I was saddened - if not surprised - to read the latest story about the future of libraries, this one saying that a third of libraries could close in Essex.
As a regular library user since childhood, I have never come to terms with the magic that walking into a library means accessing and taking away free culture, entertainment, knowledge and challenge to mull over in your own time.
But in my local library in south London the security is more visible than the book-browsing punters, the ‘events’ listed on the website comprise a weekly stop smoking clinic and the schedule of staff requires an advanced degree to interpret.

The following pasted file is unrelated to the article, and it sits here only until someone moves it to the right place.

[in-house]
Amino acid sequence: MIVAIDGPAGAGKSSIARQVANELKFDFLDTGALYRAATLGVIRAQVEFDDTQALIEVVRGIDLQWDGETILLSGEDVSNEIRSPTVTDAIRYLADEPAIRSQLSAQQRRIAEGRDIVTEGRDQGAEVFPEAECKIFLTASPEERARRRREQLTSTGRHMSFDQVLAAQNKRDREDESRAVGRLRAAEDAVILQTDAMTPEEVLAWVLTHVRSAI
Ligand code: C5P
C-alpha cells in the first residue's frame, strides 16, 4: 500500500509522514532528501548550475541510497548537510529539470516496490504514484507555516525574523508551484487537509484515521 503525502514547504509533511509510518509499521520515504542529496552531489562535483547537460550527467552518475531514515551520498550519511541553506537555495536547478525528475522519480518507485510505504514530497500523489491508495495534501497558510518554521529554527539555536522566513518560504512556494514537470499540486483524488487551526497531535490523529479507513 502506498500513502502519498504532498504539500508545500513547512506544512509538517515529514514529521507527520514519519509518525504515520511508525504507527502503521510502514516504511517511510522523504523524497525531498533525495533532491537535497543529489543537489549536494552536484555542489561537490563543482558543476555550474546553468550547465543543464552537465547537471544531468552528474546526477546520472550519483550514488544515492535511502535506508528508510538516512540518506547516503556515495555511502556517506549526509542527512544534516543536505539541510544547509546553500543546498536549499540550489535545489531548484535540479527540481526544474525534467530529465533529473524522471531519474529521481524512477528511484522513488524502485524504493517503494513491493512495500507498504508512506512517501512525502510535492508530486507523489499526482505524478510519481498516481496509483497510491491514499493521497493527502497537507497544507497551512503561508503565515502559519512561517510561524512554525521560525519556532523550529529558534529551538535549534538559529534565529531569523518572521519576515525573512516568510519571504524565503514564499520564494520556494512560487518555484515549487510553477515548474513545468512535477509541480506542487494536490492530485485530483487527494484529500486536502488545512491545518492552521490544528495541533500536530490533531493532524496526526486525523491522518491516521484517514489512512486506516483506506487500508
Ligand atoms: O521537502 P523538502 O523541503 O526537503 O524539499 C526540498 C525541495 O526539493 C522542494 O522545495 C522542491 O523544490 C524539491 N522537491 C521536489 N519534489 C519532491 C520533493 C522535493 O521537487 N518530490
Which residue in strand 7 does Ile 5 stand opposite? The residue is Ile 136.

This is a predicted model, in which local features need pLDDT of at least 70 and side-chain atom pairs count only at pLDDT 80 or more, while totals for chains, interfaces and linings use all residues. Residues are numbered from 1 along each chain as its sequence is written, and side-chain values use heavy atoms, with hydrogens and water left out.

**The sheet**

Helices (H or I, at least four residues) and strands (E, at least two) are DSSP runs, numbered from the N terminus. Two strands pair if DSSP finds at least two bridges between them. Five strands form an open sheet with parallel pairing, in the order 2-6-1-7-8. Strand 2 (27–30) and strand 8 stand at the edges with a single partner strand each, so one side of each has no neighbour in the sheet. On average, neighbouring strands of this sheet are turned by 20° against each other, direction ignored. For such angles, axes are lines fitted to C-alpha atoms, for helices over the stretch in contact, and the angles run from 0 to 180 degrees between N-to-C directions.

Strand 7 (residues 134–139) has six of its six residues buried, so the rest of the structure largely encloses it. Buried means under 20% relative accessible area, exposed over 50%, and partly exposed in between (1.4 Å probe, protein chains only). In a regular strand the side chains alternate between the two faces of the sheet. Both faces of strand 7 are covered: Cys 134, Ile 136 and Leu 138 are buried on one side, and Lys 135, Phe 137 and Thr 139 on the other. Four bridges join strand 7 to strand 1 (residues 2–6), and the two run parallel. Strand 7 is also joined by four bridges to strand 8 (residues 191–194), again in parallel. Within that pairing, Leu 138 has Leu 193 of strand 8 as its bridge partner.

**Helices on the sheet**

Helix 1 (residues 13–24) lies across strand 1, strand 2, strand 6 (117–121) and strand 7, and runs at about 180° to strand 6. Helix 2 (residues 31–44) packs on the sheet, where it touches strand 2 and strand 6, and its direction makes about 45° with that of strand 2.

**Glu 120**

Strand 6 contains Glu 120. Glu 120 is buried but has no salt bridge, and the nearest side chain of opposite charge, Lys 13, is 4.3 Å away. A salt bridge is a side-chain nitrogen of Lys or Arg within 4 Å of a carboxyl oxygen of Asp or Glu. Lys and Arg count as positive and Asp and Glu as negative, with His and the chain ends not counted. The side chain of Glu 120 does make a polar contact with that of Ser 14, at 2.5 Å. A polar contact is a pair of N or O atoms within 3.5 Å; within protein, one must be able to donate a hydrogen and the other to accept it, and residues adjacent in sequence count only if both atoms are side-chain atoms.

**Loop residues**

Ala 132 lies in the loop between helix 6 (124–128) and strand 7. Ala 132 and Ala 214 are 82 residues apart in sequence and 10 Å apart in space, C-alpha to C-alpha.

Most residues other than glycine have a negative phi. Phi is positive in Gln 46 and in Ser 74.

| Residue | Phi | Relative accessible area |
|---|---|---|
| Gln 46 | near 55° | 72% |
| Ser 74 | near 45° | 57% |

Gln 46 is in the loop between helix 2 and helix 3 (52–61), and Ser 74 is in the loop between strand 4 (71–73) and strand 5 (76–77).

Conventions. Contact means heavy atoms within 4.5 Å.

What are always busy are the meeting tables and PCs with free internet access, the children’s corner with toys and resources. The library is a great community convening space, and the most vulnerable members of our society are disproportionately affected when one closes.
Around this, the opportunity to serve the interested audience remains. Where are the book groups? The readings by local authors? The music nights such as those hosted by Get it Loud?
The inevitability around the decline of libraries is hugely frustrating when they are so patently under-utilised and poorly understood by the people who run them.